The New Zealand Railways Magazine, Volume 3, Issue 11 (March 1, 1929)
“The standard of demand on the part of the public can be developed overnight, but the ability to supply this demand cannot be adjusted so easily,” said Mr. Sterling, when replying to the toast of the “Railway Department,” at a dinner given to celebrate the electrification of the Lyttelton tunnel. Mr. Sterling enunciated this as the railway problem in tabloid form, and showed that there were certain services which the railways performed which were community services and were not capable of being put down on the Department's balance sheet as a direct asset.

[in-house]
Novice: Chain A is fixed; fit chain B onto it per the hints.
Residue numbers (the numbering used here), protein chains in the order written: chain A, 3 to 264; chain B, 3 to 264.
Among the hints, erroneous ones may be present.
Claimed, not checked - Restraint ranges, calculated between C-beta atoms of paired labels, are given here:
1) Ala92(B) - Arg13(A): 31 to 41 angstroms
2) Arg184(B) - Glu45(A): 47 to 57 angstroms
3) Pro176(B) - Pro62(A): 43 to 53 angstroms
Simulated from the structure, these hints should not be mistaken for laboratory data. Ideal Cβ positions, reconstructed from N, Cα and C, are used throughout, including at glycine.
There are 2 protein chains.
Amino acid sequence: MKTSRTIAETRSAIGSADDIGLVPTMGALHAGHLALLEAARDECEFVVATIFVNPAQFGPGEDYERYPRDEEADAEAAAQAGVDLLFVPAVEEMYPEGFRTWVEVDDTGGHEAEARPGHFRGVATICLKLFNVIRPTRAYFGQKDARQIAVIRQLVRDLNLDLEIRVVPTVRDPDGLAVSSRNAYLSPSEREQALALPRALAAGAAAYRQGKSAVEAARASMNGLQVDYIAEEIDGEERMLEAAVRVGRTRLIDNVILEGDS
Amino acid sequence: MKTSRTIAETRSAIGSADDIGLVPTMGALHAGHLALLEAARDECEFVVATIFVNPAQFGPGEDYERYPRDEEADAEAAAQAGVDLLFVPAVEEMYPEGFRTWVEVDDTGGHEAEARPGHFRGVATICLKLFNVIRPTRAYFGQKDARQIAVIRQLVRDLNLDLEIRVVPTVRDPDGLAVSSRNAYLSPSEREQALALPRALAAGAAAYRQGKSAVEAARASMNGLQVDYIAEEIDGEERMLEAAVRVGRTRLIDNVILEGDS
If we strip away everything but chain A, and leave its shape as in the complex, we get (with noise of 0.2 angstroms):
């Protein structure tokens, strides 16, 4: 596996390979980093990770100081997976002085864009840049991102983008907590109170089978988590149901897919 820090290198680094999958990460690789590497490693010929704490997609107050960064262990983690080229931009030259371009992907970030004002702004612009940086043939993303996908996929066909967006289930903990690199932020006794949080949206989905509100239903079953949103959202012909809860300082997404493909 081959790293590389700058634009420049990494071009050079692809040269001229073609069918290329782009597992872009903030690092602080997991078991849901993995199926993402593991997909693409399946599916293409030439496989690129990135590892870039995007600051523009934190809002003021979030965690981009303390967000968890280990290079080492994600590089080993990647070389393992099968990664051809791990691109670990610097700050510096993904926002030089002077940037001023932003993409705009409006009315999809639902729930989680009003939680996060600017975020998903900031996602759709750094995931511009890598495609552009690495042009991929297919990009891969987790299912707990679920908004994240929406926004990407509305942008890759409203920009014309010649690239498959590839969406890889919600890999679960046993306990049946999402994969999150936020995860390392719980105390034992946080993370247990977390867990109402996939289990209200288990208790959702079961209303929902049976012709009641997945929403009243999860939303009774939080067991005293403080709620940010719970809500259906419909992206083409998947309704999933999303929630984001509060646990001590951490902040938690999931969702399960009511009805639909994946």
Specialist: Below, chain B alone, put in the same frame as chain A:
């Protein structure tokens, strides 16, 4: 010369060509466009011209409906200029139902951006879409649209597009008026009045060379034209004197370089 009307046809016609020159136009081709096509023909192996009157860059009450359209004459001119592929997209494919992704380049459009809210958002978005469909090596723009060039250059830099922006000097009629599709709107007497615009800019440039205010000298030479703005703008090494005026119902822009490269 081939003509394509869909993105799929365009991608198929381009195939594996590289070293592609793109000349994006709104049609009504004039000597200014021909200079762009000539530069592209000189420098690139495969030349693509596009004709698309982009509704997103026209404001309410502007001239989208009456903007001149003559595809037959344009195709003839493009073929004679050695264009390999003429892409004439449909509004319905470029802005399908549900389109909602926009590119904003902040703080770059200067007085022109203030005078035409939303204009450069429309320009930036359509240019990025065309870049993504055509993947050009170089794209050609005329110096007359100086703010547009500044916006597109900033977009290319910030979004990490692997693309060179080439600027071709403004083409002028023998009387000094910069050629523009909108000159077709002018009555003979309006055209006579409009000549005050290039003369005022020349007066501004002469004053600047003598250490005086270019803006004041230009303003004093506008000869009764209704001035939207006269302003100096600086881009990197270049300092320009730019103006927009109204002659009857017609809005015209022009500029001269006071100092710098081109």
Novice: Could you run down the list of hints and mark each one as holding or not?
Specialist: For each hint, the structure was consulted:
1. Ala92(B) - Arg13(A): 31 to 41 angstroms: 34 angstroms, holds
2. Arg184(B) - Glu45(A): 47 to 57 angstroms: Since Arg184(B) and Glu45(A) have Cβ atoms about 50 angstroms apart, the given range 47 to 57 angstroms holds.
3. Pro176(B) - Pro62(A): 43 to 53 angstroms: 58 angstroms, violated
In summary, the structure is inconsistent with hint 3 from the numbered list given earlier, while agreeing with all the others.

He said that demand altered so rapidly and radically that what was suitable yesterday would not suffice to-day. The trouble was that the standards of demand altered much more quickly than those of supply. One thing was certain, the people of to-day would not tolerate smoky tunnels. Better accommodation, speed and safety were all demanded by the public, but finding the finance to supply them was quite another matter.